Citizen Staff Writer
Rock ‘n’ roll theater lives up to its name in the Etcetera late-night production of “Hedwig and the Angry Inch” at Live Theatre Workshop.
Christopher Johnson in the title role looks terrific in his long tousled blond Farrah Fawcett-styled wig that has been stored on the shelf a little too long.
This wig is supposed to look that way because Hedwig has spent a long time working up enough anger to come out of the closet. Life has never been kind to this German lad, born on the wrong side of the Berlin Wall, deserted by his father, unloved by his mother and uncertain of his true gender. Then in adolescence his search for true love keeps ending in betrayal.
While “Hedwig and the Angry Inch” does not exactly follow in the wake of “The Rocky Horror Picture Show,” there are gender-bending similarities encouraging actors and audience alike to flaunt their indifference to polite behavior. “Rocky” made his screen debut in 1975. “Hedwig” opened off-Broadway in 1998, then appeared on the big screen in 2001 and became an immediate cult favorite of midnight movie fans coast to coast.
Some are calling “Hedwig” the new century’s “Rocky.” It could happen. “Hedwig” has a strong punk rock foundation and a stage look that’s only a few steps away from total depravity. Hedwig the female transsexual wannabe rock star is always played by a guy. Her male lover Yitzhak, in punk leather and face hair, is always played by a woman.
The past several decades of outrageous behavior by rude, rabble-rousing pop culture revolutionaries have created so much noise in the media, it has become exceedingly difficult for anyone to seem outrageous anymore.
Cross-dressing isn’t enough. Guys in stiletto heels snapping their whips? That is so Nineties. Same-sex couples in public in love won’t much do it, either. Kinky cross-dressing same-sex couples making love in pubic can hardly raise an eyebrow – unless there is violence involved.
So when John Cameron Mitchell created “Hedwig and the Angry Inch” he knew Hedwig had to come from a deeper, darker rock ‘n’ roll place than most people could imagine. At least, most straight people. That “Angry Inch” in the title refers not only to Hedwig’s backup band but also to Hedwig’s unfortunate body part after a botched sex-change operation. He didn’t become a female, and he was no longer a male.
That’s what makes him so perpetually confrontational.
But back to the Etcetera production. As written by Mitchell, with songs by Stephen Trask, the show is essentially Hedwig’s monologue delivered like a cabaret memoir. Johnson is tall and somewhat muscular, his character not the least bit effeminate. On opening night, wearing sparkly red high-heeled shoes, he held the attention of LTW’s packed-house audience, telling Hedwig’s sad life story.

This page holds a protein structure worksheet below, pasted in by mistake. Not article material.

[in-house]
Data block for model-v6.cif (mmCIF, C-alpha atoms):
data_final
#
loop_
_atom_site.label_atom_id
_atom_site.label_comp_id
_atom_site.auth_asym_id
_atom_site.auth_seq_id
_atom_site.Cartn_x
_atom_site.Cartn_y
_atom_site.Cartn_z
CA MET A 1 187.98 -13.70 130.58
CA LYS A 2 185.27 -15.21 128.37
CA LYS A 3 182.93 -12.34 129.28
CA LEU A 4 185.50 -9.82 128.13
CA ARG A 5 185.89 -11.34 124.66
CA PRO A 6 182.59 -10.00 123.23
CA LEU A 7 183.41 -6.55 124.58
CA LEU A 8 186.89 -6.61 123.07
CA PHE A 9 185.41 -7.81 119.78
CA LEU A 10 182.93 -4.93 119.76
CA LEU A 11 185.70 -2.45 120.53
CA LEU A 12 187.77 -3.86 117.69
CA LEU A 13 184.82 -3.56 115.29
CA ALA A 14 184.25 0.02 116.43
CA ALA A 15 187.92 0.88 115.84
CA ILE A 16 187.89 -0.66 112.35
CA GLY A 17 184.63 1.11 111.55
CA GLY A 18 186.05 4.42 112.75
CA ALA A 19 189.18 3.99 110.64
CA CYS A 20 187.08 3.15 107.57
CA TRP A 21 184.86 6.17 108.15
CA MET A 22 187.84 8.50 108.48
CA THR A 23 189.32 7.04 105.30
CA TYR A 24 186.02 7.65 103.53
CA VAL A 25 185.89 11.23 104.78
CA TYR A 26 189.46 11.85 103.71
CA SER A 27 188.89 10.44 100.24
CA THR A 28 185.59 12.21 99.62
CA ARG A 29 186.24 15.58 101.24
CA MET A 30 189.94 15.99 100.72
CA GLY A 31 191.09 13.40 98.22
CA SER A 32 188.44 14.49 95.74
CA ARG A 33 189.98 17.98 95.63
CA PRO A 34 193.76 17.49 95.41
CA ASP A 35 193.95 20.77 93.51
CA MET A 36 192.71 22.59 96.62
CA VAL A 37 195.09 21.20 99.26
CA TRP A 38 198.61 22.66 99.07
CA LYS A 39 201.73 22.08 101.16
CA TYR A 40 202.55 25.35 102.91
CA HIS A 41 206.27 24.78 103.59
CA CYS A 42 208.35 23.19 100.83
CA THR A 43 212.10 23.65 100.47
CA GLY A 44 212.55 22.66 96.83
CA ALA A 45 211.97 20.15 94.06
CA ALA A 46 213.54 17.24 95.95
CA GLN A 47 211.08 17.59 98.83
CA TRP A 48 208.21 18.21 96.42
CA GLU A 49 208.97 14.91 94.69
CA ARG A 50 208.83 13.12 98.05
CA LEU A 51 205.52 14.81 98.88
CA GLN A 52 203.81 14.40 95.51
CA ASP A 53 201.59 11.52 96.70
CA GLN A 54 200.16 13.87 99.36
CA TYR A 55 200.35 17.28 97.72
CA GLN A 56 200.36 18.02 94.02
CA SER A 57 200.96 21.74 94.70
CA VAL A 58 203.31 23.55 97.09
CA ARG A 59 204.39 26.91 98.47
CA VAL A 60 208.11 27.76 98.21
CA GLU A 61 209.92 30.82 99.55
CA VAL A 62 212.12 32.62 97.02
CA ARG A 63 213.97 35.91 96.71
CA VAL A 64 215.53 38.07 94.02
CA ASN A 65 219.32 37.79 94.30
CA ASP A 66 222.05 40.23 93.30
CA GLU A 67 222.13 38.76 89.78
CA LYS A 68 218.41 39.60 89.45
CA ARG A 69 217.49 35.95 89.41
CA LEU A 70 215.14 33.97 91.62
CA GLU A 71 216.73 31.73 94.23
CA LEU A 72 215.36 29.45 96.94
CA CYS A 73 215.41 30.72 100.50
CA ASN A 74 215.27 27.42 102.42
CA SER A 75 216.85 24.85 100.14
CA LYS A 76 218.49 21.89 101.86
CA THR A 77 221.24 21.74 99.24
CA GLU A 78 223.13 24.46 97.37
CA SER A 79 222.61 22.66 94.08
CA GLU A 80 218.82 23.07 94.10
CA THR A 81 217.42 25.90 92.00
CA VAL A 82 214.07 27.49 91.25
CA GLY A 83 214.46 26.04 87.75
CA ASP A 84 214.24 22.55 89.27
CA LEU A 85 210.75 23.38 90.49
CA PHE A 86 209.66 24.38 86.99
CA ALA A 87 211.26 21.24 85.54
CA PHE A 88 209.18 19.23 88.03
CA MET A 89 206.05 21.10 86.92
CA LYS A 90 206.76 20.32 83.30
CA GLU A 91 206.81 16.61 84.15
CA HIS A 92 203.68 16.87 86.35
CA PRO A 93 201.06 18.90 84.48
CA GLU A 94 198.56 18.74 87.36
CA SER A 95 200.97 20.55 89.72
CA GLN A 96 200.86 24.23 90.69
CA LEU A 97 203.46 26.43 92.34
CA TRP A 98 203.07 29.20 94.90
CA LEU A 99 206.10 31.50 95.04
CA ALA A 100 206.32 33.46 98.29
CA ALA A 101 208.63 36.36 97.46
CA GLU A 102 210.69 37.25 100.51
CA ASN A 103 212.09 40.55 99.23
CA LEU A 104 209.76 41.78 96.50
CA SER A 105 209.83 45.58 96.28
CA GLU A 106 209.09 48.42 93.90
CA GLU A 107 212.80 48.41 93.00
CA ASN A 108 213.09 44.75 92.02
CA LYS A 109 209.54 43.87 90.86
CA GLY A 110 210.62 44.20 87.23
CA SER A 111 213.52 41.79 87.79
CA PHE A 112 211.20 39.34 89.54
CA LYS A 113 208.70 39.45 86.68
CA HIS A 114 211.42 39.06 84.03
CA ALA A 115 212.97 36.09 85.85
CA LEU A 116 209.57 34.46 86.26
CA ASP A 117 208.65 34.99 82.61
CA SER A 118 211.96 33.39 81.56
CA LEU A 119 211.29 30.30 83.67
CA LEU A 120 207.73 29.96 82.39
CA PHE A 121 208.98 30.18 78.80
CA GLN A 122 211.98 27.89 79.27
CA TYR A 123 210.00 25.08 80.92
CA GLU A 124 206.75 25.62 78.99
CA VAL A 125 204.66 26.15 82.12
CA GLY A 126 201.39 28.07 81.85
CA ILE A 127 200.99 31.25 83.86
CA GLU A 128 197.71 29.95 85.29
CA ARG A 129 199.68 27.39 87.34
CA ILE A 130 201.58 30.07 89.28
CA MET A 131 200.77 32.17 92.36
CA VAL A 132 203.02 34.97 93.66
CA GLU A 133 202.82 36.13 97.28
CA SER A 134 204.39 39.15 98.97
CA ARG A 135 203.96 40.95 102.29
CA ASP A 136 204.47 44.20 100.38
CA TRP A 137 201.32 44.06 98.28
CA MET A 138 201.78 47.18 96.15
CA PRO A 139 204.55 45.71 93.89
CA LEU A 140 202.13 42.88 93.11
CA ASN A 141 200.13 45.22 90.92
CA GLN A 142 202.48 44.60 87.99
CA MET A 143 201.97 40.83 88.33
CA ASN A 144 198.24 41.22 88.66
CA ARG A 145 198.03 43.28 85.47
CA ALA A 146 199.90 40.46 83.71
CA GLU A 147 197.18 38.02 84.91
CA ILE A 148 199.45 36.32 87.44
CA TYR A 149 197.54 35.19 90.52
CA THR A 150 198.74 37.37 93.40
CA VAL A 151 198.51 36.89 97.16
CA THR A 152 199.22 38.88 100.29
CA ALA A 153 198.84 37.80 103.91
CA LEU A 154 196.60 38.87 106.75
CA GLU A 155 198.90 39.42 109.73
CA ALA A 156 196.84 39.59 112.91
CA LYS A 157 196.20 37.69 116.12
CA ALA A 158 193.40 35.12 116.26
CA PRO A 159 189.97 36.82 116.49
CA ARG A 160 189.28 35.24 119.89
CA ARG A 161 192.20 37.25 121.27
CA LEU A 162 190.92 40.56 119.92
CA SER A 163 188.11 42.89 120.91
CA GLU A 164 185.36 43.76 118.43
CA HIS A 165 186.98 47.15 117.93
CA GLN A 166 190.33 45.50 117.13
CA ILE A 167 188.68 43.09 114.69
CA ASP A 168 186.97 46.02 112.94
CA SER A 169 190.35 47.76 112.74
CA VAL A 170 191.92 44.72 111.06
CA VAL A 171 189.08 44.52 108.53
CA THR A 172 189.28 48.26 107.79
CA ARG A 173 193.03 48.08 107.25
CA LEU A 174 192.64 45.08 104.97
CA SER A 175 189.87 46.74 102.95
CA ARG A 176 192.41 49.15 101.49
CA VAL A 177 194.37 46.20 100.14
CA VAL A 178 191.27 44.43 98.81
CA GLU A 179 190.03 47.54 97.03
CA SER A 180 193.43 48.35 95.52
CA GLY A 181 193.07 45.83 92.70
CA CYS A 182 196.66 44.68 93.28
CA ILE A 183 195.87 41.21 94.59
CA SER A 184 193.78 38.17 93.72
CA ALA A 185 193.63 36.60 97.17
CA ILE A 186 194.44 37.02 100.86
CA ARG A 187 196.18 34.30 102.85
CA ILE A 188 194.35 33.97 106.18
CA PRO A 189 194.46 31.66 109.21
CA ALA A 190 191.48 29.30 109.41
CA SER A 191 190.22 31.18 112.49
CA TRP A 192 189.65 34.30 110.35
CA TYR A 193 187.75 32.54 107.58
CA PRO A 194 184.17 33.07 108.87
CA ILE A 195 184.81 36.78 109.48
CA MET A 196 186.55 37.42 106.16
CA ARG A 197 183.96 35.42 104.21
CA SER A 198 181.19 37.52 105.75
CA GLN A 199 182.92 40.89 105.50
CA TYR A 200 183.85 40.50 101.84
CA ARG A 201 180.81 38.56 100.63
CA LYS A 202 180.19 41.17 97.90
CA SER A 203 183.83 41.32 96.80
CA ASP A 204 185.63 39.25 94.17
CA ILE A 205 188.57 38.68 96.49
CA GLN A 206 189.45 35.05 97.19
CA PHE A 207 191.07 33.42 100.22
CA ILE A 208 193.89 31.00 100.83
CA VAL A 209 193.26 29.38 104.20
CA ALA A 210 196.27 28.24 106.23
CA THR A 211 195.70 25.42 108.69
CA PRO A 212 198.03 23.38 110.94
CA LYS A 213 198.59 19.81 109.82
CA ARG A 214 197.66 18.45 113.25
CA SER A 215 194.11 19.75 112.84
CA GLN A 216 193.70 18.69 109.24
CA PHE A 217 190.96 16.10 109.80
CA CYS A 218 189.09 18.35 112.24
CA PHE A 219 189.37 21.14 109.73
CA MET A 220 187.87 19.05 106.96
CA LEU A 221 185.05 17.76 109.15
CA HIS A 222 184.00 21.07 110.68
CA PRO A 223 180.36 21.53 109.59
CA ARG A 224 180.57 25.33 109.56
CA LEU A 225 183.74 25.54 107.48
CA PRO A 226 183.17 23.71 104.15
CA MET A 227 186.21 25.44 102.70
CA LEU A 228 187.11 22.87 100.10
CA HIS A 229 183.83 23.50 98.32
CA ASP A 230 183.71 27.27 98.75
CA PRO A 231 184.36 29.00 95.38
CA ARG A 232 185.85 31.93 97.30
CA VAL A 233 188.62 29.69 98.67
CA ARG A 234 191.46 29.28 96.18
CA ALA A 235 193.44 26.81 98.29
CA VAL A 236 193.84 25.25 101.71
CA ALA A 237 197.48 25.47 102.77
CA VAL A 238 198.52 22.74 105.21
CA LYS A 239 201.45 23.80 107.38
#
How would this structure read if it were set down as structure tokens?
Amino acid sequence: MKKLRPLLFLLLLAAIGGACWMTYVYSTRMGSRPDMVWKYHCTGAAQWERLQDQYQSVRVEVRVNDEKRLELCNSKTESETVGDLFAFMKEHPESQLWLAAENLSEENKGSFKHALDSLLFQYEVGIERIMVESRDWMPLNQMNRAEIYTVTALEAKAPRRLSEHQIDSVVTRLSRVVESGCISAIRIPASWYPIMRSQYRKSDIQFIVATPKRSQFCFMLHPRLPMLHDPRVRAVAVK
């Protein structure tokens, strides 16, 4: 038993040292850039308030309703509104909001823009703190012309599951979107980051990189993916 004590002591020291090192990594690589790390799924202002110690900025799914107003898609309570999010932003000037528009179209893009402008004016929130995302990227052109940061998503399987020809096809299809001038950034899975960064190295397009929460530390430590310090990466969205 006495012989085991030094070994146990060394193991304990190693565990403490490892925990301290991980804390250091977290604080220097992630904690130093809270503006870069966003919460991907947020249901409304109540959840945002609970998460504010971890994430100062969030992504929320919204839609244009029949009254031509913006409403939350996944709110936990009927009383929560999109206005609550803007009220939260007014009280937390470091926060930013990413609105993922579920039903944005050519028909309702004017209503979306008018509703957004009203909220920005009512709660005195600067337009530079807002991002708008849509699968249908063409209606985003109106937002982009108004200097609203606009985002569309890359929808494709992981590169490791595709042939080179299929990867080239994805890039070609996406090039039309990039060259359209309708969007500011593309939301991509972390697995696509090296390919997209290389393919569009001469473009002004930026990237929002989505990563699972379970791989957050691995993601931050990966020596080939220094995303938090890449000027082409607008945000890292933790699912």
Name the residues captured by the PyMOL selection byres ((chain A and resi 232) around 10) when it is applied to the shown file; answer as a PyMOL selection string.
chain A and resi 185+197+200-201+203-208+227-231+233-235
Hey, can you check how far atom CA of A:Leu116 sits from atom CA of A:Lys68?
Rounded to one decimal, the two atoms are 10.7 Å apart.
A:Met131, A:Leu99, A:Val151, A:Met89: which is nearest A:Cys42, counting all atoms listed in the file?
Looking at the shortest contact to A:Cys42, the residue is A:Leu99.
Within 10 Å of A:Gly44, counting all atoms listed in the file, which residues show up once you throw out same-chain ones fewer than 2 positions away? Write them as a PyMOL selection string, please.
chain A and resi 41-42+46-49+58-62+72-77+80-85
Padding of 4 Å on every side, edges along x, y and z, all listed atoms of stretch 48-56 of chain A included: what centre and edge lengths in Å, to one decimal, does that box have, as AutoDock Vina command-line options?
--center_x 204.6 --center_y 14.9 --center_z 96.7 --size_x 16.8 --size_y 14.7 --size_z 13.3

It is an edgy performance, using double entendre as a weapon, drawing sympathy as Hedwig’s sordid lifestyle covers up a bravely innocent belief that somehow he will find the happiness that remains so elusive. Also onstage in derelict attire are a quartet of musicians: Nate Jasensky, musical director and guitar; Carlos Lopez, bass; Paul Tiller, keyboard; Michael Fay, drums.
Hedwig’s entrance sets the tone. In a dark theater he rises from the back row of the audience, acting a bit disheveled and makes his way to the stage as the band plays vigorously while the audience screams encouragement like they are at a wrestling match. In the spotlight, Hedwig holds the microphone tenderly.
“I do so love a warm hand . . . on my entrance,” he says with breathless timing. Moments later Hedwig adds that “when it comes to huge openings, many people think of me.”
Humor and sadness are provided in equal amounts, with room for some philosophical metaphors to accent the implication that all degenerates love rock music. Hedwig was born Hansel, his family living on the east side of the wall, when Berlin was a divided city. So very unhappy as a child, Hansel came to believe happiness would only be his when he found a soulmate.
So it was easy for Hansel to fall for an American soldier in Berlin, who promised to marry the teen if he would have the sex change operation that would satisfy the East Germans that the couple weren’t gay. Hansel has the operation, becomes Hedwig and moves with her husband to a trailer park in Junction City, Kan. When the disgusted husband realizes that because of the failed surgery Hedwig will never be a real woman, he dumps her.
Hedwig discovers a knack for writing rock songs, forms a band with her new lover, who takes the stage name Tommy Gnosis. Once dear Tommy becomes a rock star he dumps Hedwig, too. Now extremely bitter, Hedwig and her motley band begin following Tommy, who is playing stadium rock concerts while she only gets booked into tawdry restaurants near the stadiums. As Hedwig’s desperation grows, the rock songs become louder, harder and more desperate.
IF YOU GO
What: Etcetera presents “Hedwig and the Angry Inch”
When: 10:30 p.m. Fridays and Saturdays through Jan. 24
Where: Live Theatre Workshop, 5317 E. Speedway Blvd.
Price: $10 general admission
Info: 982-0169, livetheatreworkshop.org